As Anarchopanda, you were first noticed in the public eye in March 2012 when Québec experienced the biggest student strike in Canada's history, triggered by a drastic increase in tuition fees. Why did you choose to dress up in a costume to participate in demonstrations?

I was casually protesting, without a costume, from the beginning of the movement because I believed in the cause, but it’s the police violence and in particular the loss of an eye by a college student named Francis Grenier at the beginning of March 2012 which prompted me to take a more active role. I personally considered going on hunger strike to force the government to meet with the student representatives and negotiate, which they still refused to do after months of striking and several more students and supporters injured. But everybody told me it was dumb and asked me to think of something else. So I thought of Anarchopanda.

Why did you chose a panda costume as outfit for demonstrations?

The panda costume looked nice and was cheap. It could have ended up being something else, although the correlation of the panda colours with the colors of anarchopacifism is a nice coincidence. But it is a coincidence.

The student mass protest contributed to a political change in Québec in September 2012, and the current minority government of Prime Minister Pauline Marois withdrew the fee increase. Does this prove that civil disobedience can actually make a difference?

I’m glad the students got most of the fee removed, but that’s not what I call „making a difference“. The Parti Québécois used the student movement to get elected, as parties always do, and then repaid the students for their mostly unwilling collaboration. They're still indexing the fees yearly based on the cost of living or some such metric, and one day they'll change their mind and try for yet another hike. It goes without saying that I don’t find any of this particularly edifying. But yes, the students did scare the establishment a little, they did show other forms of organization were possible, and they did teach each other many things that are of use in current and future struggles. That’s making a difference.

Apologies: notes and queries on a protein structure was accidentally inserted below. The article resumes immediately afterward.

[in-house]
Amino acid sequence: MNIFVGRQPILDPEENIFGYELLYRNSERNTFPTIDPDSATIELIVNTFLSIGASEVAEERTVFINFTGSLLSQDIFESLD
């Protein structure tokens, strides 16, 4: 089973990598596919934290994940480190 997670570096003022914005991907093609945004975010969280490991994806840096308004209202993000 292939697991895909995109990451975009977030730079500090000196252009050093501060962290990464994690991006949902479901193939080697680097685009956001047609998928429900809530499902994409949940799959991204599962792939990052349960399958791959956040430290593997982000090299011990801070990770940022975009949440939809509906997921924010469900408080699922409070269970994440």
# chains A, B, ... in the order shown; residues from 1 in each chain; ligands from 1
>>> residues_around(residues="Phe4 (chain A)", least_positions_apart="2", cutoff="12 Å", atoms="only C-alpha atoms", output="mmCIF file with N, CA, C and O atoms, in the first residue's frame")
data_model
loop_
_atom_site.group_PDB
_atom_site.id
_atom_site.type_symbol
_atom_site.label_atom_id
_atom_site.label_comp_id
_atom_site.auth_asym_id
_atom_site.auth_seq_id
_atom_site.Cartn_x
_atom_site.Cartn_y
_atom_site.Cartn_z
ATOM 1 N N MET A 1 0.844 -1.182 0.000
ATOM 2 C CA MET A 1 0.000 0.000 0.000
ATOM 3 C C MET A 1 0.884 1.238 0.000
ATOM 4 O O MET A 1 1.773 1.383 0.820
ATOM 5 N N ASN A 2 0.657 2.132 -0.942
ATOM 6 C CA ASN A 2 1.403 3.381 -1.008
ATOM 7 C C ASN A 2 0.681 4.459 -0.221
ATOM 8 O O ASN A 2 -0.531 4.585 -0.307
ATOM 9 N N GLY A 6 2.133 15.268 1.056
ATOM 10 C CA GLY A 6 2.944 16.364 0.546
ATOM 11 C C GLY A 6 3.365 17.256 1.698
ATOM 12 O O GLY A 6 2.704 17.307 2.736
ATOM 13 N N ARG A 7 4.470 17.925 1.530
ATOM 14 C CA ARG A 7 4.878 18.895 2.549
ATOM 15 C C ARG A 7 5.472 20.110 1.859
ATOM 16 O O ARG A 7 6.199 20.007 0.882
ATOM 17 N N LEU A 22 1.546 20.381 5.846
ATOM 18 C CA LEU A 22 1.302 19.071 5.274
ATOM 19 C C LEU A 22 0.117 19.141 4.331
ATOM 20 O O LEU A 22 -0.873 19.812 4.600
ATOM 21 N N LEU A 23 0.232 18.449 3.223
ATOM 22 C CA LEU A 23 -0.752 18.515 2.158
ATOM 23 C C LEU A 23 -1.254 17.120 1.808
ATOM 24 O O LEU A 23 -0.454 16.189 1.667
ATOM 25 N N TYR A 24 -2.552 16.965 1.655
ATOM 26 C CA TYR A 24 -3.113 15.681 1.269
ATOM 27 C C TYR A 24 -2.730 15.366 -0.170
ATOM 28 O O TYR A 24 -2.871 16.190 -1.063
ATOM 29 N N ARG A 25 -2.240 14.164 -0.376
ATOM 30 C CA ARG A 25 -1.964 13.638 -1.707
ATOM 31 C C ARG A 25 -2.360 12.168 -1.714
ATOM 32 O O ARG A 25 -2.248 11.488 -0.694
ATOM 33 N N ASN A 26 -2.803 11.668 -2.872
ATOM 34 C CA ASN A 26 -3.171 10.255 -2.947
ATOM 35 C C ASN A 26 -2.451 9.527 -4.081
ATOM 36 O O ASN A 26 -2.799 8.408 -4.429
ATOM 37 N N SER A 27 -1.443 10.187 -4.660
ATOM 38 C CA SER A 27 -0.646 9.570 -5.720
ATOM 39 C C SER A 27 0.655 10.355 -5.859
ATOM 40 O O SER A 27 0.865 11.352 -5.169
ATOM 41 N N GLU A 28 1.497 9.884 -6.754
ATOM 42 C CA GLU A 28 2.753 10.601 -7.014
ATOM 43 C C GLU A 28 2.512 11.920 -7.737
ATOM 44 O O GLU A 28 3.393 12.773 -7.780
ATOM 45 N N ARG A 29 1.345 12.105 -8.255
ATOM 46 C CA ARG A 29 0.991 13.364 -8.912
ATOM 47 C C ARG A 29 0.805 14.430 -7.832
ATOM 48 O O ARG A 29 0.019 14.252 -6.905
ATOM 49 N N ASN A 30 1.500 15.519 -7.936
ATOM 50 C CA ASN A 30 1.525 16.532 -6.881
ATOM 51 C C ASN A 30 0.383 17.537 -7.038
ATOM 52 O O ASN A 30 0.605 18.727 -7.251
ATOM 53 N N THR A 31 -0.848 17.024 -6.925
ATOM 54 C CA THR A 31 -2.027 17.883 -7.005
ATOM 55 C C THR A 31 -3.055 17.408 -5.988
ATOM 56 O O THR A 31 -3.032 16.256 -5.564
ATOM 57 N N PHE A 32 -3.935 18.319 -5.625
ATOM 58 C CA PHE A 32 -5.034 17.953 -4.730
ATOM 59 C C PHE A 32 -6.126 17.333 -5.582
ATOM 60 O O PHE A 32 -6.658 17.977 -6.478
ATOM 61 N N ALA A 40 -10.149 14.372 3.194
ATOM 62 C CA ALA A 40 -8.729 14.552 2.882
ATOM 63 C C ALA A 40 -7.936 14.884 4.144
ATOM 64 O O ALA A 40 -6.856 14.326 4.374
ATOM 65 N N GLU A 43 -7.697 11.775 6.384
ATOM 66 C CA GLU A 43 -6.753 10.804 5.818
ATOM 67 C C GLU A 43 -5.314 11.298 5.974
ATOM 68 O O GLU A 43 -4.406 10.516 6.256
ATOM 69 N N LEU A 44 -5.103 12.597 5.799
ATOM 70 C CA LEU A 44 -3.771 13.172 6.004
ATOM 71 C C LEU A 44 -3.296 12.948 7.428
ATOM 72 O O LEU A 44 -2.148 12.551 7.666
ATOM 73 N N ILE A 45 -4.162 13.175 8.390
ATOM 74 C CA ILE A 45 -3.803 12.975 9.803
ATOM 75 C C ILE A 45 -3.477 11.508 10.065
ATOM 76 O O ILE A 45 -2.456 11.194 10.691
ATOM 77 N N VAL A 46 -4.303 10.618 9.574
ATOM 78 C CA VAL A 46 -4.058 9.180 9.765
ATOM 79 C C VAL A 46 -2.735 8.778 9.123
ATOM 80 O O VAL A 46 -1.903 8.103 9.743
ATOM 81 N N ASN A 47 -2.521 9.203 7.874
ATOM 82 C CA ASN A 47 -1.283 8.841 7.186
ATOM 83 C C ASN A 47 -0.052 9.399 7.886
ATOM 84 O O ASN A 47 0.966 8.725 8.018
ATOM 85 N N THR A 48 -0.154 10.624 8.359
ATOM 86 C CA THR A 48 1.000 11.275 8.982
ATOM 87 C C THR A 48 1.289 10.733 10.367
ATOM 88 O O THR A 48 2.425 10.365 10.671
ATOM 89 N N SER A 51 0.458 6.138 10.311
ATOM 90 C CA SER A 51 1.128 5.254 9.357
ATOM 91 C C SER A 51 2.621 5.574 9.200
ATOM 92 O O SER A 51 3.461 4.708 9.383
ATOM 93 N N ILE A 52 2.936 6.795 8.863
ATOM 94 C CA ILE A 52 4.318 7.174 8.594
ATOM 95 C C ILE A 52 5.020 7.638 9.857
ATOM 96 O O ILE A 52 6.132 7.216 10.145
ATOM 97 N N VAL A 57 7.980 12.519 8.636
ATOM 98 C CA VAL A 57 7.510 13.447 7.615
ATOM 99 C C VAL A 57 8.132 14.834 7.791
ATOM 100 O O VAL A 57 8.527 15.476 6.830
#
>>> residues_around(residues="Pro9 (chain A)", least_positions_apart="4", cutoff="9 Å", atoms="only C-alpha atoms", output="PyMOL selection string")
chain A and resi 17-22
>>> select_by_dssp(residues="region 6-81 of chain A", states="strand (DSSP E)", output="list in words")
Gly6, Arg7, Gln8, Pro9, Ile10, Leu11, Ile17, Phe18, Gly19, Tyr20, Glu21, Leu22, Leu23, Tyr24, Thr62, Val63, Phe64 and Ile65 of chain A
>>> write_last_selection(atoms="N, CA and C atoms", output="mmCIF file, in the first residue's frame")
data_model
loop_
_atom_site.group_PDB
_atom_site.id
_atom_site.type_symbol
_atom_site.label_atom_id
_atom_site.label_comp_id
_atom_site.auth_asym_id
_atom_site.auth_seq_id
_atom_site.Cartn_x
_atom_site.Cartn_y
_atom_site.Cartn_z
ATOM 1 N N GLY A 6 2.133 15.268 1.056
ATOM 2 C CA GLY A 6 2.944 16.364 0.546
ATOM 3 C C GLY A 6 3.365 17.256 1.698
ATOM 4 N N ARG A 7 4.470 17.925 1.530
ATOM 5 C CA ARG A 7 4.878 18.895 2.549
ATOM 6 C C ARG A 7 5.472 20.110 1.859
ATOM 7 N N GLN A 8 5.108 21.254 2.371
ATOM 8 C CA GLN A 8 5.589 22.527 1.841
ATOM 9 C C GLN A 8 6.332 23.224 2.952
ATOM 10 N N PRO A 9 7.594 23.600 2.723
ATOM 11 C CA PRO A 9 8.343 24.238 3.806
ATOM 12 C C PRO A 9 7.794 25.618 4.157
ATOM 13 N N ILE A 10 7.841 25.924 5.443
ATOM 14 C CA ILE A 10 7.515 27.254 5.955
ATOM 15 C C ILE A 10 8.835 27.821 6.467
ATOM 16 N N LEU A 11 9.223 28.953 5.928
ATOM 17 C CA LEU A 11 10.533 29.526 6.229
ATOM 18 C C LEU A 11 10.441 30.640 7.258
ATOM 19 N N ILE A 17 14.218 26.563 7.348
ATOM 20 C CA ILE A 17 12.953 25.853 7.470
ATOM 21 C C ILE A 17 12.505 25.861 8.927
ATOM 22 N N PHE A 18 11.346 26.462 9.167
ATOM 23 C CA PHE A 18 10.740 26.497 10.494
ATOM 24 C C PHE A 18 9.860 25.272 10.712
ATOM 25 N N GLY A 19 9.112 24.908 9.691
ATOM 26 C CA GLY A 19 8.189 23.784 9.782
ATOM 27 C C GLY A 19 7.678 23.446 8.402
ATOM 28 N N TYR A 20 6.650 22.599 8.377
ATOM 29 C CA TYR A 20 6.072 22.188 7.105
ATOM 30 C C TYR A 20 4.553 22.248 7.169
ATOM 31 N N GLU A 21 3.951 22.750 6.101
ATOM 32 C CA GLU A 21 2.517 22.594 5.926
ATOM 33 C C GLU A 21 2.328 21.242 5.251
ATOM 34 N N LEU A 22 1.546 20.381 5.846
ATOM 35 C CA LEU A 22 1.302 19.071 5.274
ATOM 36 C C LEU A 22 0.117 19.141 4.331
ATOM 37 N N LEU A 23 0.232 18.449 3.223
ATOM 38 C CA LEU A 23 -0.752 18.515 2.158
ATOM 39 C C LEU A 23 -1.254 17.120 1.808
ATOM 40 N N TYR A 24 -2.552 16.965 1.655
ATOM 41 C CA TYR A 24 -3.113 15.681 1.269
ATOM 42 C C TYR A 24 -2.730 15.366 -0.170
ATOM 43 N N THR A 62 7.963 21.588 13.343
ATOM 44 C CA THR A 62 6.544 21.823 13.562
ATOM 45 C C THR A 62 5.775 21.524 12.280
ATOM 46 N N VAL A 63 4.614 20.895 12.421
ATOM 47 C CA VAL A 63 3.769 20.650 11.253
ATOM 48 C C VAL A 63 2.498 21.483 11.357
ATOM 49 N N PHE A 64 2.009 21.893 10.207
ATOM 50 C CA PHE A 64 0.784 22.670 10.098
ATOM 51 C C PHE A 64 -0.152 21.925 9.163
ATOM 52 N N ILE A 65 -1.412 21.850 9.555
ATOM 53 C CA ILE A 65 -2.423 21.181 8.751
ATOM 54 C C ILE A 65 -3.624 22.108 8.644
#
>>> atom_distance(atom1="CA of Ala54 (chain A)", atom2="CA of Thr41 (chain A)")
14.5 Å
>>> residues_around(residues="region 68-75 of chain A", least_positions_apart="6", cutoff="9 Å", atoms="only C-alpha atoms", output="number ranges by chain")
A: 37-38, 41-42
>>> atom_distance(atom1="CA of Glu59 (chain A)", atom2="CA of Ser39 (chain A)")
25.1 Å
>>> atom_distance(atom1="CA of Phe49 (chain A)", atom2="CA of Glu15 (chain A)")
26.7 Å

The current struggles in Québec and particularly in Montréal concern the limitations of the freedom of assembly that had been imposed as a reaction on the students protest. Due to local regulation P-6, demonstrators are obliged to submit in advance a venue or route of a demonstration in Montréal to the relevant police authorities for approval. And there's the prohibition of being masked during demonstrations – restrictions that are firmly anchored in German law and hardly challenged.

Parades submit routes in advance, not protests: for one, protests can be spontaneous, and more importantly, submitting a route and enforcing compliance with it is inherently hierarchical, and we don't want to force our social movements to organize in this way. At least I sure don't want that. For masks things are even worse, as the federal parliament passed a law last year including provisions for up to ten years in prison for wearing a mask during unlawful assemblies and riots, which is plainly ludicrous. There already were dispositions in the criminal code to further penalize criminals for wearing a mask while performing criminal acts.

I do believe these dispositions are unconstitutional and just plain unwarranted limitations to freedom of assembly and freedom of expression and must be situated within a global context of the criminalization of dissent and the tightening of forms of social control. Our streets and squares have been where we gather to protest, such activities are a legitimate part of a democratic society, and the right to protect one’s identity while doing is all the more important in our world of increasing mass-surveillance.

The latter is affecting your performance as Anarchopanda in particular. How often have you received a fine because the police have claimed you're wearing a mask during protest events since the legislation P-6 is in force?